Excluding tumors, infections, major fractures, and ligament injuries with significant joint instability, the majority of painful conditions around the elbow yield satisfactory results with conservative treatment in 80%–90% of cases . Therefore, it is reasonable to manage most painful elbow conditions sufficiently with conservative measures, by reassuring and persuading the patient. Unlike weight-bearing joints, the correlation between radiographic findings and symptoms in elbow arthritis is not proportional, eliminating the need for early surgical intervention. Currently, in Korea, various biological agents based on regenerative medicine are available as conservative treatments for tendon enthesopathy [9–11]. However, it is important to note that there are skeptical and critical views regarding their efficacy and effectiveness. Local steroid injections have traditionally been used as a clinical tool for conservative treatment due to their rapid short-term effects [12,13]. However, repeated steroid injections into the tendon can increase the scale of any subsequent surgery and lead to unfavorable postoperative results [14,15].
If conservative treatment proves ineffective over a certain period, a surgical consultation may be advisable. In cases of nerve entrapment syndromes, such as cubital tunnel syndrome, decompression surgery could be beneficial before permanent anatomical and functional damage occurs . Even in the case of calcific tendinitis, a benign condition, if pain persists indefinitely without resolution, early surgical removal of the calcific deposit might be beneficial . Elbow surgery methodologies can be broadly categorized into arthroscopic surgery and open surgery. As neither method is definitively superior, the choice can be made based on the surgeon's preference, considering the condition and stage of the lesion. For end-stage joint disease with severe symptoms, replacement arthroplasty may be an option . While elbow replacement surgery is currently yielding acceptable clinical results due to advancements in implant design and materials, it still presents more challenges compared to other joint replacement surgeries. Therefore, it should be considered as a last resort .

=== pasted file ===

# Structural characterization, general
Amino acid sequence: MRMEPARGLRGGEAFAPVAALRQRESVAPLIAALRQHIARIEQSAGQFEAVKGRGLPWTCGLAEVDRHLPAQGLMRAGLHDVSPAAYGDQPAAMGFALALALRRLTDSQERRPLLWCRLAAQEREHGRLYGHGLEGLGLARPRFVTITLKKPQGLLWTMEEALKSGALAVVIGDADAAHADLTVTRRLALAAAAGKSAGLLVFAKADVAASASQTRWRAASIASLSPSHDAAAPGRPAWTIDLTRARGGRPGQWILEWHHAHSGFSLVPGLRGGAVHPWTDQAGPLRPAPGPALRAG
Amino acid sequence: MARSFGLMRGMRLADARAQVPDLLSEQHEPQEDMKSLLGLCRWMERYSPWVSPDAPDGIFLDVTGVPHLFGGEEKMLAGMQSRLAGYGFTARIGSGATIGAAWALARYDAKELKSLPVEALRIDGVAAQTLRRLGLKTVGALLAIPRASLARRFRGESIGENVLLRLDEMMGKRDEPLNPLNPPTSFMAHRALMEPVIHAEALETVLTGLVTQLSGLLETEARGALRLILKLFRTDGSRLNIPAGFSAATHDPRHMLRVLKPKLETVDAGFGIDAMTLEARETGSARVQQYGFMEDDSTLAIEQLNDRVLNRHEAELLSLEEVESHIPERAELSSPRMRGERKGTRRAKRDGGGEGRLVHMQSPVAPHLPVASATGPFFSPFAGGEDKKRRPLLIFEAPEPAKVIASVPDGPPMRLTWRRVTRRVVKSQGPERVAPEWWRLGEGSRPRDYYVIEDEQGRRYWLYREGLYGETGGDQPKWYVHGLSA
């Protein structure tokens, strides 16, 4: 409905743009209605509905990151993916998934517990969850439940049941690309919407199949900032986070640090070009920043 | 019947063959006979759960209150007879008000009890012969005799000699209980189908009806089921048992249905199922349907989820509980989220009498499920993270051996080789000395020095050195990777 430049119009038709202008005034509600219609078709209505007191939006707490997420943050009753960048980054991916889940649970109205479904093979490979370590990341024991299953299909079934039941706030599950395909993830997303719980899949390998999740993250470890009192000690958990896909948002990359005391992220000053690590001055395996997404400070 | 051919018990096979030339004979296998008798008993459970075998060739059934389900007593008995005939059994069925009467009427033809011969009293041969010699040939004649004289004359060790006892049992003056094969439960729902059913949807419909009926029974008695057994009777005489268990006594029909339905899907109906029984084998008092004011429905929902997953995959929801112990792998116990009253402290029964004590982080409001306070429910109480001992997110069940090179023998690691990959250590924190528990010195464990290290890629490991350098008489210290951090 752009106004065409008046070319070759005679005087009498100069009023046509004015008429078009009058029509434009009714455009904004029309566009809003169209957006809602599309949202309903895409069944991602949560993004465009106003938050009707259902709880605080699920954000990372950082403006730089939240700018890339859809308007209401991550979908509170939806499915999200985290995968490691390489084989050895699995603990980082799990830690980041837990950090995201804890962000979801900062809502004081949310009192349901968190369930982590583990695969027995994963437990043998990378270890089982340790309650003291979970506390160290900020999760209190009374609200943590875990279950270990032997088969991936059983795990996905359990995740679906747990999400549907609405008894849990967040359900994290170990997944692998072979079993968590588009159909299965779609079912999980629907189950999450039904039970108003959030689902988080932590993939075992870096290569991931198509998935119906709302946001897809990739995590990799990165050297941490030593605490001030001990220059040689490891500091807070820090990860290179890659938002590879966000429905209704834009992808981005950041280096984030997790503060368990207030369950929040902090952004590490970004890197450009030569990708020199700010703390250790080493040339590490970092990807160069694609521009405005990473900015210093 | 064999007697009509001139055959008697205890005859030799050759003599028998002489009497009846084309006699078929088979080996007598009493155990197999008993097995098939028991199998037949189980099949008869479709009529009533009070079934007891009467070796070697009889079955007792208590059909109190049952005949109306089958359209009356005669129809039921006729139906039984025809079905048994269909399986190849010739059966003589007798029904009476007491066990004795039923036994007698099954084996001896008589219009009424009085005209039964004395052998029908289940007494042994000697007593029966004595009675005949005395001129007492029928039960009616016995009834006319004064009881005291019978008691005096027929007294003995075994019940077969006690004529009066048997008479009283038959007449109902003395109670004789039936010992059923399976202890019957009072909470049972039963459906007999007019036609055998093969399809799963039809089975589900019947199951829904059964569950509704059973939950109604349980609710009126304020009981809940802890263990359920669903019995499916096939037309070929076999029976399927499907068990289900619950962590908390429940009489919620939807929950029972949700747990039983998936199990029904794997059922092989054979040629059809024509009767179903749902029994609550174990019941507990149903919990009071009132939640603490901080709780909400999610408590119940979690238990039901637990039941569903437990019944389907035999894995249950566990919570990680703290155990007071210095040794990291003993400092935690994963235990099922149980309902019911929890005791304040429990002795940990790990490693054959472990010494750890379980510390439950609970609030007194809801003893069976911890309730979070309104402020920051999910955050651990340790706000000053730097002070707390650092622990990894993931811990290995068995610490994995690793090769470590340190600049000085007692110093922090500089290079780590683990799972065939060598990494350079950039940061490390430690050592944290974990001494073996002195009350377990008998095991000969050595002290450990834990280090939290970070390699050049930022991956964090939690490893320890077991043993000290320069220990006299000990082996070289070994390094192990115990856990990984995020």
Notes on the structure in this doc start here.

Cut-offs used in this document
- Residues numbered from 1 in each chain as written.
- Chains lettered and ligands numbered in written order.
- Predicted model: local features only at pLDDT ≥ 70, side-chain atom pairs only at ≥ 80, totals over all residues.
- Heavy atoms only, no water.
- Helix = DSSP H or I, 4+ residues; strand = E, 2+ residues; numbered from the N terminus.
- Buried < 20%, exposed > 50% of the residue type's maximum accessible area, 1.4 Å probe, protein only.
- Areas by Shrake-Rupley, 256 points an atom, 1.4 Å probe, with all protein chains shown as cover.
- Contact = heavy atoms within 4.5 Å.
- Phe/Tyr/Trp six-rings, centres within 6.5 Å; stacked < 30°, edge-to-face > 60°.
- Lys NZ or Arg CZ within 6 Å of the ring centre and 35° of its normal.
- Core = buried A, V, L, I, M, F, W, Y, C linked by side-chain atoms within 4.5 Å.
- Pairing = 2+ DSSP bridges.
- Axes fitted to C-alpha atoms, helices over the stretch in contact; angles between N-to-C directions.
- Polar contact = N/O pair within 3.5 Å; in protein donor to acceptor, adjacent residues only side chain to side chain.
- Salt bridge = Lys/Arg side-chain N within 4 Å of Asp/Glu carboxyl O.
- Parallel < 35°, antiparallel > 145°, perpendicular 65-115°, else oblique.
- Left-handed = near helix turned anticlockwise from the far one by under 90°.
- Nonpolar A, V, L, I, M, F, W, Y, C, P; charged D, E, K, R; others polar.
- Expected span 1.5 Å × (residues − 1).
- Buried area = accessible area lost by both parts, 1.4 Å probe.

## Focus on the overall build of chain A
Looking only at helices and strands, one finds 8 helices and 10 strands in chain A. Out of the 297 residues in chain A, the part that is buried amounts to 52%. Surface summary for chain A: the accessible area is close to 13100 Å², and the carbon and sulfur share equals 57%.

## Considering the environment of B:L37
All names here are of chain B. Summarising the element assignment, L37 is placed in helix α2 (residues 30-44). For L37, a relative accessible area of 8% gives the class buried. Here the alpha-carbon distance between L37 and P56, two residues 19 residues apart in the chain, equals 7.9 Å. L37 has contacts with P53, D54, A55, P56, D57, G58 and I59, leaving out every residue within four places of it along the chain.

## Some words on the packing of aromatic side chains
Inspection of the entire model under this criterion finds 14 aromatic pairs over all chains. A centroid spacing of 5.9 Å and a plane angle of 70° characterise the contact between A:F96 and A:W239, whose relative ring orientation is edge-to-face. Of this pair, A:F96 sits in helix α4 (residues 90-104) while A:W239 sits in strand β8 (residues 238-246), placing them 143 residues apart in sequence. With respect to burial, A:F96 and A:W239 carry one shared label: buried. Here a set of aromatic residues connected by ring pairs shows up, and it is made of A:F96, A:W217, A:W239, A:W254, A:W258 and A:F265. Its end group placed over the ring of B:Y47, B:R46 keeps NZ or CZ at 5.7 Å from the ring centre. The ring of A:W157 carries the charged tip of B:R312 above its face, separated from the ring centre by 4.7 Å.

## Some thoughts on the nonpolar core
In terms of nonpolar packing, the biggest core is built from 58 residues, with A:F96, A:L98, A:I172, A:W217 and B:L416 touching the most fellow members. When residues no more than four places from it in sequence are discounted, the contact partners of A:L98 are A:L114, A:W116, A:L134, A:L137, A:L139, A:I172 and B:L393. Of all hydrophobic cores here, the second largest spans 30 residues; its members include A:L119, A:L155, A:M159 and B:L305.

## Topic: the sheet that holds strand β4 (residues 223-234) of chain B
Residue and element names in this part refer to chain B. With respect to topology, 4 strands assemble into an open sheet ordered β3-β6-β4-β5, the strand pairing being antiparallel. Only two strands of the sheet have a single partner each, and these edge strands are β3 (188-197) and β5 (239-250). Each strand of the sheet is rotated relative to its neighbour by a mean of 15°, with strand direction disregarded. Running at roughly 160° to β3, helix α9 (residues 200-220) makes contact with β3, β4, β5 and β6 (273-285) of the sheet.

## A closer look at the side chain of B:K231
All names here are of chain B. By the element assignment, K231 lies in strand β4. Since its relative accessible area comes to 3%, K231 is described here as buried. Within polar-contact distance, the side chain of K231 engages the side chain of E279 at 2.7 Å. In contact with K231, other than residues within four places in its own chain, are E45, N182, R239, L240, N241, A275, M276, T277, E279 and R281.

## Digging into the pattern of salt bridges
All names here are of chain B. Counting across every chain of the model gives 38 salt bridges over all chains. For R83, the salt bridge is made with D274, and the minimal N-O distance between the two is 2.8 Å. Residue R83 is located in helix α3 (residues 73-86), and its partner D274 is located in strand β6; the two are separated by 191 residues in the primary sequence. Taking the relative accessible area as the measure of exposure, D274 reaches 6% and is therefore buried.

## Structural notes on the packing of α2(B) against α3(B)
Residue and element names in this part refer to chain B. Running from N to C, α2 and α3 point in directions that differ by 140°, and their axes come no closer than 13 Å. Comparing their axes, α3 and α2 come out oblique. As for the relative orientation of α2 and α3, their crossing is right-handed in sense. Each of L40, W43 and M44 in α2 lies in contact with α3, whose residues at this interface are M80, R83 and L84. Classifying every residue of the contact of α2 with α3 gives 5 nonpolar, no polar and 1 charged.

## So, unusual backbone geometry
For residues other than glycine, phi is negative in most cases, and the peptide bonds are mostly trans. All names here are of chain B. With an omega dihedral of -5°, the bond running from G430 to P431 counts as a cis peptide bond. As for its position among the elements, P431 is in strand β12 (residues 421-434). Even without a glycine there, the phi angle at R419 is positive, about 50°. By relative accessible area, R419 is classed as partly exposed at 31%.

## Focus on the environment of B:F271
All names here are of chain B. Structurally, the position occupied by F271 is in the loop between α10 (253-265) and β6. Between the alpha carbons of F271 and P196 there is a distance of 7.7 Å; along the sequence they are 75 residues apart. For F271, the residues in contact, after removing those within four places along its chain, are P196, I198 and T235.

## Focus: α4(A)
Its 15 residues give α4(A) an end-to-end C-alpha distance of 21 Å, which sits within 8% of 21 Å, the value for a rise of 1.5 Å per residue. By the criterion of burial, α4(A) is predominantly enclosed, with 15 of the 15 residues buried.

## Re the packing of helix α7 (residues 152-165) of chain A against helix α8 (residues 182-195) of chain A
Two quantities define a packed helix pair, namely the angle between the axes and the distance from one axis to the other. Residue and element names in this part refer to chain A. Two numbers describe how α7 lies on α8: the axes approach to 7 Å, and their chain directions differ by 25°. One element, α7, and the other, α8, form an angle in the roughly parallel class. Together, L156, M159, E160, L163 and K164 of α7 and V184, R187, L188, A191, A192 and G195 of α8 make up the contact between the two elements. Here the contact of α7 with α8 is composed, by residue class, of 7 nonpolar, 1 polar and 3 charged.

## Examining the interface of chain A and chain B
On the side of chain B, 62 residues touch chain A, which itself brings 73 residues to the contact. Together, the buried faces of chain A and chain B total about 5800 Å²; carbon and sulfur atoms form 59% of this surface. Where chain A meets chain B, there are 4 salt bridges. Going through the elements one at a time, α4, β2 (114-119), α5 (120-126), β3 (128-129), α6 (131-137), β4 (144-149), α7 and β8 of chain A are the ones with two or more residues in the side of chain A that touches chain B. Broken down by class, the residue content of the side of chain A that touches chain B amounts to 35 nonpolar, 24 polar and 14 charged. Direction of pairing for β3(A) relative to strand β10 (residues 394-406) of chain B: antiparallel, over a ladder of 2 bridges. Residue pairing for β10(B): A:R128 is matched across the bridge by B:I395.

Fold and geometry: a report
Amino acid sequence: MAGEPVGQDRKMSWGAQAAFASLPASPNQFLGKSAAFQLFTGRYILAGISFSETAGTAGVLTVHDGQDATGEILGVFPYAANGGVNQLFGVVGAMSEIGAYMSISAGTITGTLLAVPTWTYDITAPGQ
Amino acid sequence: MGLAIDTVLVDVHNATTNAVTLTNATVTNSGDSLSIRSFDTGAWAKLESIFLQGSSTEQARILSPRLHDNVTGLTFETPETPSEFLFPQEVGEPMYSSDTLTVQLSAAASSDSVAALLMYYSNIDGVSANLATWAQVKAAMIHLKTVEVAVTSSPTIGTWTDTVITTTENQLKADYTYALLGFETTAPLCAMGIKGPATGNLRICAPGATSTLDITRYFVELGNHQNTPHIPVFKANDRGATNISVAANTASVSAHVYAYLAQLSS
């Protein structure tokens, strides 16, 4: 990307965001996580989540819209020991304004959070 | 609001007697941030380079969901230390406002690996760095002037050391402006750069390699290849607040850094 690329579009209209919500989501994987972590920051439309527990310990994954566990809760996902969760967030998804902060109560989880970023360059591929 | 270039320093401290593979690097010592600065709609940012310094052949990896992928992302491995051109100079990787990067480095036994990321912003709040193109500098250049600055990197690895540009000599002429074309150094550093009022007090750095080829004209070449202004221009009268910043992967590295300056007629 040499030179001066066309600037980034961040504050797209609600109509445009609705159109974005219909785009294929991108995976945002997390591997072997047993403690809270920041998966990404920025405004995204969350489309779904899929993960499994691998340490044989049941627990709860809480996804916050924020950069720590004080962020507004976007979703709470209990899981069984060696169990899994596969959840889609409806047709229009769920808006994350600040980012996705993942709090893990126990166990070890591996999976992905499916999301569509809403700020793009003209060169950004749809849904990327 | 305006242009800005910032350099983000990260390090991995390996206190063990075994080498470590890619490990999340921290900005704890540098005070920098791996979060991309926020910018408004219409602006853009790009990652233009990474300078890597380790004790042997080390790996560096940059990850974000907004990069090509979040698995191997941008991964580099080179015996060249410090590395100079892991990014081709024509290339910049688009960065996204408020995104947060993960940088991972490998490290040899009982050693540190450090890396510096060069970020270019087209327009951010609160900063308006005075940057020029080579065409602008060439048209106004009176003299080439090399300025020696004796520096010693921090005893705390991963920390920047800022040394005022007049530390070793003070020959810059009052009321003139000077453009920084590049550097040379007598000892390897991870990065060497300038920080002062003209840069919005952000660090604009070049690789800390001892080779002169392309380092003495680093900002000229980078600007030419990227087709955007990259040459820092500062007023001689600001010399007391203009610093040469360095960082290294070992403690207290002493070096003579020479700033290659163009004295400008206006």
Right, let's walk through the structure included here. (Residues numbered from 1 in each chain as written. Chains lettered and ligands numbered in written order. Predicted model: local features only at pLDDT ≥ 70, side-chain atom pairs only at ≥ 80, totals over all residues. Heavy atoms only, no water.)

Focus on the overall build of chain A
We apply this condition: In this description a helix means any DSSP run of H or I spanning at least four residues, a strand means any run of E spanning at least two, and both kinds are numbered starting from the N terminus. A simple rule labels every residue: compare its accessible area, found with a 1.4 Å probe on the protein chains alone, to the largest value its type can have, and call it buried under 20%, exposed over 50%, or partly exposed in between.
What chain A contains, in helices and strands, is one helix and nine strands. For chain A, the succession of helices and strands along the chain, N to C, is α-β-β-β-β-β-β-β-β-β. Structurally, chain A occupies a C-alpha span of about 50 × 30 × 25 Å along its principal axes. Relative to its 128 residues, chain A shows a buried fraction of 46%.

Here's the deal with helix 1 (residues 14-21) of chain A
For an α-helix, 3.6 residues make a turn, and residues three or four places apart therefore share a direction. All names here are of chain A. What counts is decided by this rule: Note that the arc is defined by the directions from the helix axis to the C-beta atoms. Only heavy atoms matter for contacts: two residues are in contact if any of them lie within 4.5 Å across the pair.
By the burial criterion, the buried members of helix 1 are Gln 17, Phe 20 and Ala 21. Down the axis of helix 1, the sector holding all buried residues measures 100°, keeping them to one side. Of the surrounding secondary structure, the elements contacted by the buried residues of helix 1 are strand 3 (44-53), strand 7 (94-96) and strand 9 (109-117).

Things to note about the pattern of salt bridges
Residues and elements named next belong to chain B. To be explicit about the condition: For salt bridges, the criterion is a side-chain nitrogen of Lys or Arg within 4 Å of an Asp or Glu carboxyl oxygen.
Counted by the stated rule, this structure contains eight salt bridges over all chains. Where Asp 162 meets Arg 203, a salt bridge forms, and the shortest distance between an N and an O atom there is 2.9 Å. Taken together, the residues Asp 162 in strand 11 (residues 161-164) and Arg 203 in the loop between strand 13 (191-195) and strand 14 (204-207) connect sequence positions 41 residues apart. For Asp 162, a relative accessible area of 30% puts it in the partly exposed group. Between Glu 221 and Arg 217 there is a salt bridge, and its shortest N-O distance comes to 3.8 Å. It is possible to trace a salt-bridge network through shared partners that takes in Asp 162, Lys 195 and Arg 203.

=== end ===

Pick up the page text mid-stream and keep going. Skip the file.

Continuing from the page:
The elbow joint, which provides spatial configuration and support for hand function, must simultaneously perform the conflicting functions of stability and mobility. Biomechanically, the zone where both functions coexist is small. Consequently, post-surgery immobilization can easily lead to joint stiffness, while premature mobilization may result in instability before the major structures have fully healed . Thus, the primary challenge in postoperative rehabilitation is to restore the joint's range of motion while minimizing the risk of instability. Modern postoperative rehabilitation protocols for the elbow have been developed to be highly effective, taking into account the biomechanical characteristics of the elbow joint . It is anticipated that these papers, which encapsulate the overarching principles and specific rehabilitation methods for each individual surgery, will serve as a valuable clinical guideline for physicians.
This compilation of papers, encompassing a series of domestic epidemiological studies on elbow diseases, distinguishing factors for elbow pain, conservative and surgical treatments, and postoperative rehabilitation, is noteworthy as it provides a comprehensive overview of the understanding and treatment of elbow diseases. We trust that the readers will appreciate that any perceived weaknesses or limitations are due to space constraints that prevent the publication of extensive content, with the anticipation that future papers will further elaborate on these topics.